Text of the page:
“We help students navigate their way through the college system with academic advising, housing issues and by serving as a liaison between social services and the college,” Hampton said.

Among the many beneficiaries of Great Expectations is Booker, a recent graduate of J. Sargeant Reynolds who has just finished her first semester at VCU. Recently, Booker received some significant help in paying her way through college by winning the Momentum Award, a new scholarship that assists an alumnus of the Great Expectations Program entering a four-year college or university.

“[The Momentum Award] is an opportunity to open doors. For someone who is a former at-risk student or foster youth losing “momentum”, it’s an opportunity for stronger momentum in life,” Hampton said.

Booker officially received the $1,000 scholarship at the Virginia Higher Education Fund’s Jazz Inside Out Event, held on May 24, at the Boathouse at Rocketts Landing. The event, sponsored by Martin’s, featured a silent auction and jazz music from J. Tucker and the Crewe Band as well as violinist Eric Stanley.

For Booker, the event was the culmination of a long and difficult journey that started with her time in foster care. “The social workers were very supportive, and I was fortunate enough to be placed in a home with all the needs I wanted. My mother taught us everything, and then adopted us at the age of 14,” Booker said about her time in the foster system.

Prior to entering the Great Expectations Program, Booker attended Henrico High School. During her four years as a Warrior, Booker said that she mostly kept to herself.

“I was pretty shy and just stayed into my studies,” she said. “Over time, everyone got to know me, and the teachers respected me for what I wanted to do in life.”

By the time she graduated from Henrico High in 2008, Booker had also won the admiration of principals and administrators alike.

Next came her time at J. Sargeant Reynolds, which at first was quite difficult.

“I had financial issues. I felt like I was pinned up against the wall.” Booker said.

Then, someone pointed Booker in the direction of Hampton and the Great Expectations program. That is when things started to turn around for her.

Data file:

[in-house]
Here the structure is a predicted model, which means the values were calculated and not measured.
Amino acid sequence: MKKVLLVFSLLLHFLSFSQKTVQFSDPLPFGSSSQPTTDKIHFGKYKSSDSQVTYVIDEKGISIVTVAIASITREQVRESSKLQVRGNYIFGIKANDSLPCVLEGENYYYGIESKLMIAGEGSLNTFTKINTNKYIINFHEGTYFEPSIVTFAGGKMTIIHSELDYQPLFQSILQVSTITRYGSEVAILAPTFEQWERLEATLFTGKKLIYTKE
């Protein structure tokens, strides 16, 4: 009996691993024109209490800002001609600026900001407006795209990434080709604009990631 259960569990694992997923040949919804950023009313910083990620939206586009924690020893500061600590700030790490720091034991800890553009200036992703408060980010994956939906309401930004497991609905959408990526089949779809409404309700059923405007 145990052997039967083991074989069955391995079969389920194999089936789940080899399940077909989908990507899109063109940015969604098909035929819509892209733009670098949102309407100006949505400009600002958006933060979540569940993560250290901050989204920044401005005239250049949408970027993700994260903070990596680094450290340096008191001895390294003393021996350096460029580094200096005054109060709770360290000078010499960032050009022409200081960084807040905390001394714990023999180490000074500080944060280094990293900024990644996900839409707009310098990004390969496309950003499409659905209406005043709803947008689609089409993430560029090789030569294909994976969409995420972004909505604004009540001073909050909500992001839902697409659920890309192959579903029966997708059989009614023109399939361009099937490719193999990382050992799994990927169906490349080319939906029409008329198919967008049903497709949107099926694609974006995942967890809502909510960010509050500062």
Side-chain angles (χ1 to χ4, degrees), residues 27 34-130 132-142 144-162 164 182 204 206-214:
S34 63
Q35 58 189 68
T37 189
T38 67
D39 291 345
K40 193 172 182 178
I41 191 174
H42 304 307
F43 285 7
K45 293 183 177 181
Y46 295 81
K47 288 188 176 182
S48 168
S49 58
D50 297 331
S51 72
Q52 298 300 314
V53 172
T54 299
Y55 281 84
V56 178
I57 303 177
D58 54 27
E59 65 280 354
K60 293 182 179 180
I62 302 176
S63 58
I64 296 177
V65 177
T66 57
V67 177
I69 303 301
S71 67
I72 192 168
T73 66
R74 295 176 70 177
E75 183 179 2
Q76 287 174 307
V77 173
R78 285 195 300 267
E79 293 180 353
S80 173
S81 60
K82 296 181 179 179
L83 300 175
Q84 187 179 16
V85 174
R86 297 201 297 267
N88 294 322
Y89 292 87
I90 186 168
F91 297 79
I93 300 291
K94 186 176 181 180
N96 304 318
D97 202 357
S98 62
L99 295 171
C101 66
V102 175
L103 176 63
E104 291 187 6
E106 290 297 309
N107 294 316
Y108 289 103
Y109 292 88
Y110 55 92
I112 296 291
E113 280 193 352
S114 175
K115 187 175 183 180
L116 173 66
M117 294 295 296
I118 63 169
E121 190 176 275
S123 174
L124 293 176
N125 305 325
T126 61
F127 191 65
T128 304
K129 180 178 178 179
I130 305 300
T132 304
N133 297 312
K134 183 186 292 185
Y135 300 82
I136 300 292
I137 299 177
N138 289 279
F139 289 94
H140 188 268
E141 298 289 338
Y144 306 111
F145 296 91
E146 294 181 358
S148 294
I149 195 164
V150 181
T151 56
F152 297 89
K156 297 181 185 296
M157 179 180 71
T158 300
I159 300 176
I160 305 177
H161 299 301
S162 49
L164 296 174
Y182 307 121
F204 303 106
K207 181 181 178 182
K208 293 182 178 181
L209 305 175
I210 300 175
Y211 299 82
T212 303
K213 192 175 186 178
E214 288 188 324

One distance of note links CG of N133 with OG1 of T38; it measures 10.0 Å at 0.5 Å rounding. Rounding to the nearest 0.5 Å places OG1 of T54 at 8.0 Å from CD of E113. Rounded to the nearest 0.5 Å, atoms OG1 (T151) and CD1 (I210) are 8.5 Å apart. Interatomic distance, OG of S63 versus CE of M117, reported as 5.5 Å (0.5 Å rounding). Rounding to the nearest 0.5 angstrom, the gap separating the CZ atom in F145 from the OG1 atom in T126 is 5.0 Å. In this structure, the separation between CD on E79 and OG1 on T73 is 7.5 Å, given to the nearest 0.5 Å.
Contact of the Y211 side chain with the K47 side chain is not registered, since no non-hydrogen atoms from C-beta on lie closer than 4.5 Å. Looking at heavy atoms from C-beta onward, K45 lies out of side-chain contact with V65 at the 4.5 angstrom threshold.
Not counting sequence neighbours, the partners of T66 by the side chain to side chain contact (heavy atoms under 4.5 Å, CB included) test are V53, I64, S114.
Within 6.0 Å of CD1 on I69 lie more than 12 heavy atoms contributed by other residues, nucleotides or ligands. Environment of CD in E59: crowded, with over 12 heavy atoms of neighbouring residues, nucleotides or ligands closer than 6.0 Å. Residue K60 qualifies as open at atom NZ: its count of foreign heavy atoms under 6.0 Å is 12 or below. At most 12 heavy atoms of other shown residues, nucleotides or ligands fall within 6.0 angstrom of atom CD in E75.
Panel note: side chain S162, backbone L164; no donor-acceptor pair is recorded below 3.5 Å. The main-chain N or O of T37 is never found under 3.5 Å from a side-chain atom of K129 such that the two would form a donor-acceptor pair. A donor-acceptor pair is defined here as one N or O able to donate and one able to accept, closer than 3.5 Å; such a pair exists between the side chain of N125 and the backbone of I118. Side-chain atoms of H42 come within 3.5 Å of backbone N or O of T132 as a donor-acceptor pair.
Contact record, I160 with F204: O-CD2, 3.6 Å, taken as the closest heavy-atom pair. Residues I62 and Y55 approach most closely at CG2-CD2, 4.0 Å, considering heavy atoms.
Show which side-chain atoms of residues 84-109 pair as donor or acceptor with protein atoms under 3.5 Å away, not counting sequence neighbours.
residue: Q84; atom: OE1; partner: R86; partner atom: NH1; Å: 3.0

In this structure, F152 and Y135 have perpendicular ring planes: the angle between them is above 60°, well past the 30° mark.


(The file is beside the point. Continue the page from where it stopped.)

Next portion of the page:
“I went to [Mrs. Hampton] a lot to talk about issues I was having. She also helped me a lot with transportation to and from school. During times when I wanted to drop out of classes, she motivated me,” Booker said.

As a result of her hard work and help from Hampton, Booker ended up on the Dean’s List at J. Sergeant Reynolds. However, after that, “I slacked off a little bit and had some family issues. Once
I was able to realize that school was a higher priority, I got back on the right track,” Booker said.

Booker transferred from J. Sergeant Reynolds in December of 2012 and enrolled at VCU shortly thereafter, starting undergraduate classes this past January.

“My first semester [at VCU] was a real eye-opener,” Booker said. “My sister works in their undergraduate admissions office, so I thought I knew everything about VCU. Once I got there, I had financial problems, and I couldn’t get the classes I wanted. However, I also made some new friends and the people in my classes were very nice.”

Booker ended her first semester at VCU with a 3.4 GPA, and she continues to work toward a degree in biology. With her education, she plans to pursue a career in one of two fields.

“Most of my life, I wanted to be a dentist, but now I’m looking more towards biomedical research. There are various illnesses and diseases that need a cure, and I want to be able to find that cure,” Booker said.

“I want to help others. It’s in my blood.”